As the number of Americans out of work or laid off has grown to record numbers due to the coronavirus pandemic, a large number of homeowners are searching for ways to be able to simply cover their living costs. During this time there has been an increase in owners looking to draw from their home equity as a source of emergency funds.
Home equity is the difference between the balance owed on your mortgage and the current value of your home. In the first quarter of 2020, one in four homeowners across the country were considered what is called “equity-rich.” A statement that describes any homeowner whose remaining mortgage balance is less than 50 percent of their home’s value.
Though a significant number of homeowners are equity rich, the tightened credit score requirements to qualify for equity loans are locking many homeowners out of the possibility of liquidating a portion of their equity.
As a whole, American homeowners possessed about $6.2 trillion in tappable equity at the fourth quarter of last year. Tappable equity is the amount you can borrow against your home up to 80 percent of the home’s total value. The average amount per homeowner worked out to be around $119,000. But in the world of equity loans, having plenty of equity in your home and qualifying to take out that equity are two very different things. Especially since the pandemic began. Some larger banks like JP Morgan Chase and Wells Fargo have even put a stop to accepting new home equity loan applications.
Lenders are nervous right now because of the highest levels of unemployment for several decades. In addition to this, the mandatory laws to provide forbearance right now are causing banks to shift funds to cover forbearance payments instead of being able to lend funds out. They are also reluctant to open a new loan with a high risk of it going into another forbearance.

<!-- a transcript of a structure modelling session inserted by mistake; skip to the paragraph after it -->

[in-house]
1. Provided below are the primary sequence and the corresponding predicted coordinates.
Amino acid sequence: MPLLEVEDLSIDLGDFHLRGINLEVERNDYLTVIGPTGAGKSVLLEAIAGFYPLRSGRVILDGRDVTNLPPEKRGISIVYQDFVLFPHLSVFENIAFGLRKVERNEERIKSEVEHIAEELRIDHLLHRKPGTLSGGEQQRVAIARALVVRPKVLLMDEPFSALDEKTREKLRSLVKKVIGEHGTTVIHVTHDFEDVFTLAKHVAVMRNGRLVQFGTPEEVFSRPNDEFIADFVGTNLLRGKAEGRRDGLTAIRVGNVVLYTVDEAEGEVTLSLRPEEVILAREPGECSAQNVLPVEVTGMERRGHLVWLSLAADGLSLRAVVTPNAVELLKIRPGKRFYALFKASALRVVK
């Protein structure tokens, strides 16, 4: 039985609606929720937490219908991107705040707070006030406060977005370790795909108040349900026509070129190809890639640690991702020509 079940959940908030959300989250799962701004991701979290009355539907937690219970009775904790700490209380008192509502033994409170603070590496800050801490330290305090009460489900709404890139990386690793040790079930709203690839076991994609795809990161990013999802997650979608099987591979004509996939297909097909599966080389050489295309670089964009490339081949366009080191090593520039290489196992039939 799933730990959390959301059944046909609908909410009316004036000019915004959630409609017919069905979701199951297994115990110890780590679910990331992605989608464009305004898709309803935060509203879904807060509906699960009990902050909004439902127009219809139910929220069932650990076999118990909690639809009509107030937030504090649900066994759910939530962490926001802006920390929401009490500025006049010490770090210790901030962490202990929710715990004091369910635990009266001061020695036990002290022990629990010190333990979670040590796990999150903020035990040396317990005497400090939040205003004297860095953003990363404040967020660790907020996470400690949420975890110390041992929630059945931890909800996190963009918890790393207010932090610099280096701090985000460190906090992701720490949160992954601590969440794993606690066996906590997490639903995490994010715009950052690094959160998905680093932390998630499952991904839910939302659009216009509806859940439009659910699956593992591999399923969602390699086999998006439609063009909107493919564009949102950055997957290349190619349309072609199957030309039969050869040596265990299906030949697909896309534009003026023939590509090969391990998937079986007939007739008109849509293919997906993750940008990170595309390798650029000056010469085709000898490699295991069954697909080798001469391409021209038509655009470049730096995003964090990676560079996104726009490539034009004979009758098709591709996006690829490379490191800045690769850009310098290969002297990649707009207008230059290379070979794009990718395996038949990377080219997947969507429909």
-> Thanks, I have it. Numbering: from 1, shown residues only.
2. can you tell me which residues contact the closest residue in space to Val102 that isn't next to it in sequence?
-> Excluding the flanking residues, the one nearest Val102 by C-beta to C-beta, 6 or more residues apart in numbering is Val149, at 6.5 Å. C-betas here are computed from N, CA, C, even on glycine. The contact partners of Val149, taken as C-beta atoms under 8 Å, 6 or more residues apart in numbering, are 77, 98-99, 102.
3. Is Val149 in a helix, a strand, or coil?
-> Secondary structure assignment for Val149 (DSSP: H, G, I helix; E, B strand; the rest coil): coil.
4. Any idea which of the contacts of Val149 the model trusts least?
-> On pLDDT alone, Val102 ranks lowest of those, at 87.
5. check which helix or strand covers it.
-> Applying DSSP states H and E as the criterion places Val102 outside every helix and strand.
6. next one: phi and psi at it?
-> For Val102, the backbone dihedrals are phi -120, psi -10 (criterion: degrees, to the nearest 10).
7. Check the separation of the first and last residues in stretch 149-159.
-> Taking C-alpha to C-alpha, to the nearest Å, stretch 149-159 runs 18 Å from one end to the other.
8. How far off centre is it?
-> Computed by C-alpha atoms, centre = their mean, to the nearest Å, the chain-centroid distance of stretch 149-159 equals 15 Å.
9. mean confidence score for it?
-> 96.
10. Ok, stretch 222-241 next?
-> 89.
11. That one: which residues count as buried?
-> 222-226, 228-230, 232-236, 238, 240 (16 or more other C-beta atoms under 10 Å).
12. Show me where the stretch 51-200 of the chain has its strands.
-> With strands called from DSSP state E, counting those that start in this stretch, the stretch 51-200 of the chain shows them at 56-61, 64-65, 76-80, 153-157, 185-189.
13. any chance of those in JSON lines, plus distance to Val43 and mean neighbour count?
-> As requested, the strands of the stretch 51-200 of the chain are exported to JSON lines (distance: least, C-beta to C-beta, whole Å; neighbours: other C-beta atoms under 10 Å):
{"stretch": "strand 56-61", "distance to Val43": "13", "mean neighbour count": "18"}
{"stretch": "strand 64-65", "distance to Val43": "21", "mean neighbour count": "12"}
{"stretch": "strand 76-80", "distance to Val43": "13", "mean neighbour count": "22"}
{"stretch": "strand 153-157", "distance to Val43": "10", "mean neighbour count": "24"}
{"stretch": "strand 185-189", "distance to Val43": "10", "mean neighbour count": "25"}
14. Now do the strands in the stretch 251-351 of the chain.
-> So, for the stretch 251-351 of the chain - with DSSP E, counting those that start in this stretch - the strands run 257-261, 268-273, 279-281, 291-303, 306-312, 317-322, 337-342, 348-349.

There are still lenders out there offering home equity loans, cash-out refinance options, and traditional refinance. Most of these loan products are now requiring much stiffer qualifiers than they were just 8 months ago. Right now it is very hard to find a lender that will approve a loan application for anyone not currently receiving a paycheck. Lenders will look for homeowners to co-sign with someone who is currently employed or if there is still one working homeowner in the house who is not the primary borrower they will look for them to prove enough income to cover payments and switch them to the primary. FHA loan rules currently state that if you have been out of work for sixth months you must be re-employed for a minimum of six months to qualify for a new loan.
Each lender has its own final rules for qualification but most home equity products still available are requiring higher FICO scores to begin with. For example, the average required FICO credit score for a cash-out refinance right now went up from 640 to 680.
If you are unsure if you will qualify for a loan right now but would like to save money on your home payments or look into the possibility of using your home equity to help make ends meet right now please contact me any time. I would love to help you look over the options available to you.
Your Credit Score and Your Mortgage
Loan Limits Increase on Fannie Mae Loans